When looked at from that perspective, this is an excellent album. For the most part, I dont think it sounds anything like Tical, though I will admit that it has a gritty style that is slightly reminicent. Rest assured, it is much better than Tical 0.

Most of the tracks are real tight, with excellent production from a variety of people. I especially like the intro, Is It Me, Problem, Fall Out, Dirty Mef, 4:20, The Glide, Say, Konichiwa B****s, Everything, and Presidential MC. To be honest, the other tracks are good too. Cop this album cause it's dope, and it's just another example of how Wu-Tang is having a reawakening. With Masta Killa, Ghostface, Inspectah Deck, and Method Man dropping hot albums so far this year, and the highly-anticipated Raekwon album coming real soon, it's a good year for hip hop.... if you know where to look.
6 of 6 people found the following review helpful
5.0 out of 5 stars ticalion back Jan. 2 2007
By TECHWON - Published on
Format: Audio CD








3 of 3 people found the following review helpful
4.0 out of 5 stars I Thought Wu Was Dying..... Jan. 21 2007
By Anuro3 - Published on
Format: Audio CD
This CD definately shows good improvement compared to recent years. After listening to Method Mans previous CD Tical 0 the Prequel I thought it was over. However on this CD I was surprised to find that the majority of the tracks are tight and more than a handful are slammin. Presidential MC is SICK! Thats in a category of Wu music that goes right back to the roots and I thought songs like that could not be made anymore. I was one of those from back in the day when Method Man first came out and was almost speachless listening to him flow sometimes. I would have said he was like the definition of raw underground hip hop at one point. However when judgement day hit the shelves it was all down hill from there. Only shining on other peoples tracks and getting to seem more and more commercial as the years went by. His rhymes never fell off or anything but I cant explain it, he just didnt shine anymore. However I am relived to say that he appears to be making a comeback and this is the most solid effort Ive seen from Meth in years. Stick to RZA production and stay away from R&B hooks and keep it raw! That gritty gritty. Bring back the golden Era of Hip Hop. Hip Hop is NOT Dead!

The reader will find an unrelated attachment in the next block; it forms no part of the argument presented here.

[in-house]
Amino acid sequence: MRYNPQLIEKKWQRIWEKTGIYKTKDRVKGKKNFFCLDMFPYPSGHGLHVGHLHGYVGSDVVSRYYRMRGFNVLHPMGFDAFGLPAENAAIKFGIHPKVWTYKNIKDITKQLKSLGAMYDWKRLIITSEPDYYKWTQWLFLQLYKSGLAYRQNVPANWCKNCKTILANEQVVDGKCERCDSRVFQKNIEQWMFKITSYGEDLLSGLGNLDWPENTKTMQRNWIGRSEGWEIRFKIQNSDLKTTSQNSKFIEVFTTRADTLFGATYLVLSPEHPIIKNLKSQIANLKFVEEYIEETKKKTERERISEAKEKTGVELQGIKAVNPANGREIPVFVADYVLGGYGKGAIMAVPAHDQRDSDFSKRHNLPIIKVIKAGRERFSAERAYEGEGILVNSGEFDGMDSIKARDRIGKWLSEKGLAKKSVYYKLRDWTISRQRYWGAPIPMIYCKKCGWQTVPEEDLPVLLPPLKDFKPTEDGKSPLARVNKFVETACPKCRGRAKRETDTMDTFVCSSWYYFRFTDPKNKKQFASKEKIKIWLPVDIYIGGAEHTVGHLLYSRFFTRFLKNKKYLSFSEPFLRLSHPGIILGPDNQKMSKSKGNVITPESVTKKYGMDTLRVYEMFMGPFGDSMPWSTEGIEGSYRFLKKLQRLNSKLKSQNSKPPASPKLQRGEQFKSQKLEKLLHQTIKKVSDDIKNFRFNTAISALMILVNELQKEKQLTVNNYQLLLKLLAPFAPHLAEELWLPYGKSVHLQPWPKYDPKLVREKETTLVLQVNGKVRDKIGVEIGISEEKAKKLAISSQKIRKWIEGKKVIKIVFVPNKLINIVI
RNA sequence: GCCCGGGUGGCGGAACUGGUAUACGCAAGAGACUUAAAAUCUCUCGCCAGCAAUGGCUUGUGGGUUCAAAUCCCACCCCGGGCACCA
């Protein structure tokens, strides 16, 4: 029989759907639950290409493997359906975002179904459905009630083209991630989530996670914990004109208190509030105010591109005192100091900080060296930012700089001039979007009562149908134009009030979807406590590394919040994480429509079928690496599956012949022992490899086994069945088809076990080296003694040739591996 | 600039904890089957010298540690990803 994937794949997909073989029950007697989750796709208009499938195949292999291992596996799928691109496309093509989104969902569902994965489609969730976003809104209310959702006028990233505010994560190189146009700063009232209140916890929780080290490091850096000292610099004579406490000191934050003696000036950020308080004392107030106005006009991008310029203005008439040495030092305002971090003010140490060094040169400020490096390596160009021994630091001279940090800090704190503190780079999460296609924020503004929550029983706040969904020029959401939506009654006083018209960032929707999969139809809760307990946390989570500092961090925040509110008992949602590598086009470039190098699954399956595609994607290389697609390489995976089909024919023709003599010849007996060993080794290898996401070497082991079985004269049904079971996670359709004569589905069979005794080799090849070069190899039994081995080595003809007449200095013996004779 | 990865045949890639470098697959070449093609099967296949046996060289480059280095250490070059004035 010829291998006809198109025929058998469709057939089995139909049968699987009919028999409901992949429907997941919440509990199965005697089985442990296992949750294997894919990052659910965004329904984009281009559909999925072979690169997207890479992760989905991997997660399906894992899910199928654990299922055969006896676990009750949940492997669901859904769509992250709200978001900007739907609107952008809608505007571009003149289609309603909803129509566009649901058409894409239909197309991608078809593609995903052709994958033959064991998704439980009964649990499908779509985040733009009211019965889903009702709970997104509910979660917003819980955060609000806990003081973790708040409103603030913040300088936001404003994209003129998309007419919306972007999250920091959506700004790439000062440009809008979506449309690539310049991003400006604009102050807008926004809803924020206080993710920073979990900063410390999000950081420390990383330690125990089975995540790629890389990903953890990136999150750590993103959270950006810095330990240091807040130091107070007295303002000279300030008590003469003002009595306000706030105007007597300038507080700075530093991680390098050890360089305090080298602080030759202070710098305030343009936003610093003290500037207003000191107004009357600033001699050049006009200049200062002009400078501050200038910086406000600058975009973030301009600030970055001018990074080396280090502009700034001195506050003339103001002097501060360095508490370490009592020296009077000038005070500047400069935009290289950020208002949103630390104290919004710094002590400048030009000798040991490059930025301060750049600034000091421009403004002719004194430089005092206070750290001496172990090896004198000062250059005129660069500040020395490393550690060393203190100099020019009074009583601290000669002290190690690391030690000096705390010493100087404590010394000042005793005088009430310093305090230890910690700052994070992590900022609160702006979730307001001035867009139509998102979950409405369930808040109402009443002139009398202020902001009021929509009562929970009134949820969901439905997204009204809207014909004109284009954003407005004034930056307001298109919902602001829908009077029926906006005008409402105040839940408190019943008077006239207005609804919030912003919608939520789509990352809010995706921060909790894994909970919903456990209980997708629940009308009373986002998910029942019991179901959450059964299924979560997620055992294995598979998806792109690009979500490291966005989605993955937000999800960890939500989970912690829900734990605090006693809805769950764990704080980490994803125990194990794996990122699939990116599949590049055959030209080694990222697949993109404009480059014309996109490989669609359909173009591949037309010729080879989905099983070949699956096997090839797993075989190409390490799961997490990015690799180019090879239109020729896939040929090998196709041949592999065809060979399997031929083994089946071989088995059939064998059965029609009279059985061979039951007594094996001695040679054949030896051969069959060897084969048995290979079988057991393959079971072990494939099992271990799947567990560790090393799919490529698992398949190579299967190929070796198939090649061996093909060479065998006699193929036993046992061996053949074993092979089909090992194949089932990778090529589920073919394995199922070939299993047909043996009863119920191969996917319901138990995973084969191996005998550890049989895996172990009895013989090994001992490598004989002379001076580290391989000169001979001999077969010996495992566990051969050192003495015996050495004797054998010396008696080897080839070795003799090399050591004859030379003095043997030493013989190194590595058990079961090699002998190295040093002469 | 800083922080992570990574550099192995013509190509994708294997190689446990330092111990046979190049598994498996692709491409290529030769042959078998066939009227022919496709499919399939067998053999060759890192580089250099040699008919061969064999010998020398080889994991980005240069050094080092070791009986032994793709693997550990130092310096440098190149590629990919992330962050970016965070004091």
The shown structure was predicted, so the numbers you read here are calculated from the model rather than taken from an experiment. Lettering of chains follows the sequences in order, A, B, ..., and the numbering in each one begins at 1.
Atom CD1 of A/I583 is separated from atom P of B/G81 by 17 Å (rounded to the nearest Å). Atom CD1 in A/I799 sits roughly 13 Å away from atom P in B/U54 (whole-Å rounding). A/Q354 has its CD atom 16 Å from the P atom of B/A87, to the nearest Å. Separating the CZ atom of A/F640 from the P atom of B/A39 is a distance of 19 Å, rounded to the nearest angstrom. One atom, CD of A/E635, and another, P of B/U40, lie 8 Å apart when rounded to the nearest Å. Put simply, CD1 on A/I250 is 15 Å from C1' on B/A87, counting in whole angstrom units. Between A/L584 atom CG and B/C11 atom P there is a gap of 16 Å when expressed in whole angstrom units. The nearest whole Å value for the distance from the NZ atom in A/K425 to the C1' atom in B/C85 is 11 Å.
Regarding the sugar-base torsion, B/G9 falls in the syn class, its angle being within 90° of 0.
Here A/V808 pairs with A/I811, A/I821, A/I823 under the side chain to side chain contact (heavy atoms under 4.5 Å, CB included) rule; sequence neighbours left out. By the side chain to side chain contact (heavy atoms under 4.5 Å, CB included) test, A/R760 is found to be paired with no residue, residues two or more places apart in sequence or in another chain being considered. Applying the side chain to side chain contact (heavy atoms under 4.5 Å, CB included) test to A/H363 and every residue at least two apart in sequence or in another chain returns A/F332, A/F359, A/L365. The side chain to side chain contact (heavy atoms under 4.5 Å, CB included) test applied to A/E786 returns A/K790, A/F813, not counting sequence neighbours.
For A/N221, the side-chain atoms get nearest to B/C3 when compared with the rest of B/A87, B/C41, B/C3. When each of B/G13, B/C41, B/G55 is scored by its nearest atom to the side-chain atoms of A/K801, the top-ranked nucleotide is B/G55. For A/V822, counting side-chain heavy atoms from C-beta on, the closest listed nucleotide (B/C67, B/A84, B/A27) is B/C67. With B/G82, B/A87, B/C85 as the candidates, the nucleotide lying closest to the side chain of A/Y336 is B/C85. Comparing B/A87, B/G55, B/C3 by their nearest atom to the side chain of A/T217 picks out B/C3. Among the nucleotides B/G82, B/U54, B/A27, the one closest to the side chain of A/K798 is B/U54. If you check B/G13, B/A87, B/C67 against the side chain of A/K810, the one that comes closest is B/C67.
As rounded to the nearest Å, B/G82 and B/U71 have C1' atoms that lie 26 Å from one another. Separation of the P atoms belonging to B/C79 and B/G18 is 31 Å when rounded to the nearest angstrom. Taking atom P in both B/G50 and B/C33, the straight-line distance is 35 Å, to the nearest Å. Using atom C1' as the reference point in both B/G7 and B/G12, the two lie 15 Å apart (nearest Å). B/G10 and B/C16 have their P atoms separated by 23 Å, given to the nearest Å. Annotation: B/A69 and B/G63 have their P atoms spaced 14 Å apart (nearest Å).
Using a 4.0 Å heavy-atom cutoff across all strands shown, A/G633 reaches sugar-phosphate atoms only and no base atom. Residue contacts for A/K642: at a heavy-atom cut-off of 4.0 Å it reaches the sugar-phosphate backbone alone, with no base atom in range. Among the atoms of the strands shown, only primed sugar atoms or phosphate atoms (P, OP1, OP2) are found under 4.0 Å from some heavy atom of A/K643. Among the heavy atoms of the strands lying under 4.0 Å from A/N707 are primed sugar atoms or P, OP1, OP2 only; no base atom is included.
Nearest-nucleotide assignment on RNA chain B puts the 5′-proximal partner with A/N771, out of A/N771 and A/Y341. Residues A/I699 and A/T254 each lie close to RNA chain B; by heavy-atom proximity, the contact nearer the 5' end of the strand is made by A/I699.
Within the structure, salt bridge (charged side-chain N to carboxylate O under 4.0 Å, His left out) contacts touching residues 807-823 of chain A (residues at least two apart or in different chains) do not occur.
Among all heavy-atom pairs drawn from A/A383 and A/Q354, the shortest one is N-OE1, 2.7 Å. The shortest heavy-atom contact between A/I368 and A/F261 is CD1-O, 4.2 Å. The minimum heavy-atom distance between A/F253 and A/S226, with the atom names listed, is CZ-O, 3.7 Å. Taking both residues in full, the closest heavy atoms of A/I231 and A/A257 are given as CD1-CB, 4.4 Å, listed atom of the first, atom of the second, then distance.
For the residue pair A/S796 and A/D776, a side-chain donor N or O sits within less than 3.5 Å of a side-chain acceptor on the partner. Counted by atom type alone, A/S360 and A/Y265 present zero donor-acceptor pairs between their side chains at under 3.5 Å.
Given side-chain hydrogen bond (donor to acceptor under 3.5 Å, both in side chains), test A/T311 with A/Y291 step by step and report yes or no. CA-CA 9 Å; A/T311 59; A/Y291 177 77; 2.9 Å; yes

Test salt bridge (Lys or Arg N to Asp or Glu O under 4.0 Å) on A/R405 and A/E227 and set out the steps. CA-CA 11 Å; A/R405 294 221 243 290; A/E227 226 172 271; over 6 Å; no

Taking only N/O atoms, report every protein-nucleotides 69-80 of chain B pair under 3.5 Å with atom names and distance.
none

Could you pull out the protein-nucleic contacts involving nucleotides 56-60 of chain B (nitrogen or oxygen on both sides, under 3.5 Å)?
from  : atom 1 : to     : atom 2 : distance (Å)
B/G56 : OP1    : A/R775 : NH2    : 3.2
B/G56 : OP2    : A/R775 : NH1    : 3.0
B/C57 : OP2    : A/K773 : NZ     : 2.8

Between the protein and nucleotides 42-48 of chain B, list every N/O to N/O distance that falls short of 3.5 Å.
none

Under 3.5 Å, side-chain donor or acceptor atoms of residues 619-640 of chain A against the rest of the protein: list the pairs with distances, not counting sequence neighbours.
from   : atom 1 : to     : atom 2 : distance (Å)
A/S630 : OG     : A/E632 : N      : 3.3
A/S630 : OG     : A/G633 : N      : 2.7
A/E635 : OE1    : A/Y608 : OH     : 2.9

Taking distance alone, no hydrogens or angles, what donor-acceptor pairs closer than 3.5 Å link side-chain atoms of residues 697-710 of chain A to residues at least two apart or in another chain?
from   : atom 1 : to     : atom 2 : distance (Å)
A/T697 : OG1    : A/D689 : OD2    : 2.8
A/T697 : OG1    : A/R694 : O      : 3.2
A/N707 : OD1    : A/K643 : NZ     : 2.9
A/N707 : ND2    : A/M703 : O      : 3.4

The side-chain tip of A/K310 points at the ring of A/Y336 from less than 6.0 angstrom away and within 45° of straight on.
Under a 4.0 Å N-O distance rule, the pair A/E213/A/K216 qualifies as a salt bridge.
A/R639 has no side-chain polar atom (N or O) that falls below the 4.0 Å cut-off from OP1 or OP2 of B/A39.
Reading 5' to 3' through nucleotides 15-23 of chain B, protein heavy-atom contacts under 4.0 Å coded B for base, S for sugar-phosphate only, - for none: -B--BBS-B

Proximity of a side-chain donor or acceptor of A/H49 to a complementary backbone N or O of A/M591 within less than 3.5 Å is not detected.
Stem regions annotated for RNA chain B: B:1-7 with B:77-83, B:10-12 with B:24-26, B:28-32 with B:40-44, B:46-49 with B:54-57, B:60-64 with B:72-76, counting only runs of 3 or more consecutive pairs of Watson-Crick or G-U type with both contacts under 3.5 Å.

2 of 2 people found the following review helpful
3.0 out of 5 stars Very Nice Album...Hope His Future Music Projects Are Equally Or More Impressive...3.5 Stars! Sept. 21 2006
By CrazyWhacko_88 - Published on
Format: Audio CD
I have no idea whether or not this is his best album because "4:21...The Day After", Method Man's 4th studio effort, is the only album I've listened to by the Wu-Tang superstar. What I do know is that Method Man has some serious MC'ing and lyrical skills, as displayed on the stellar lead single "Say", an acoustic guitar-driven rap song where Method Man fires back at haters and critics with some of the dopest lyrics I've heard in a while, PLUS the legendary Lauryn Hill is sampled singing a cover of an anonymous Bob Marley hit.

For what it's worth, "4:21...The Day After" is a good album as a whole -ESPECIALLY when put next to today's radio-friendly Pop-Rap and Hip-Pop-, enlisting help from the likes of Erick Sermon, RZA, Raekwon, Kwame, Megan Rochell & O.D.B. amongst others, but if you compared it to Ghostface's latest effort "Fishscale", it'd most likely be crushed.

Method Man's intentions are displayed early on in the intro. Stoners furiously protest about legalizing marijuana and other drugs, and it's not long before Method Man starts spitting some fire before finishing it off by angrily stating, "How could you ever say that I'm washed up/When I'm the dirtiest thing in sight?" It's not long before Method Man's relentless, celebratory hate-fest kicks into full gear, blasting critics and modern rappers with his grimy flow and uncompromising lyrics to varying degrees of success.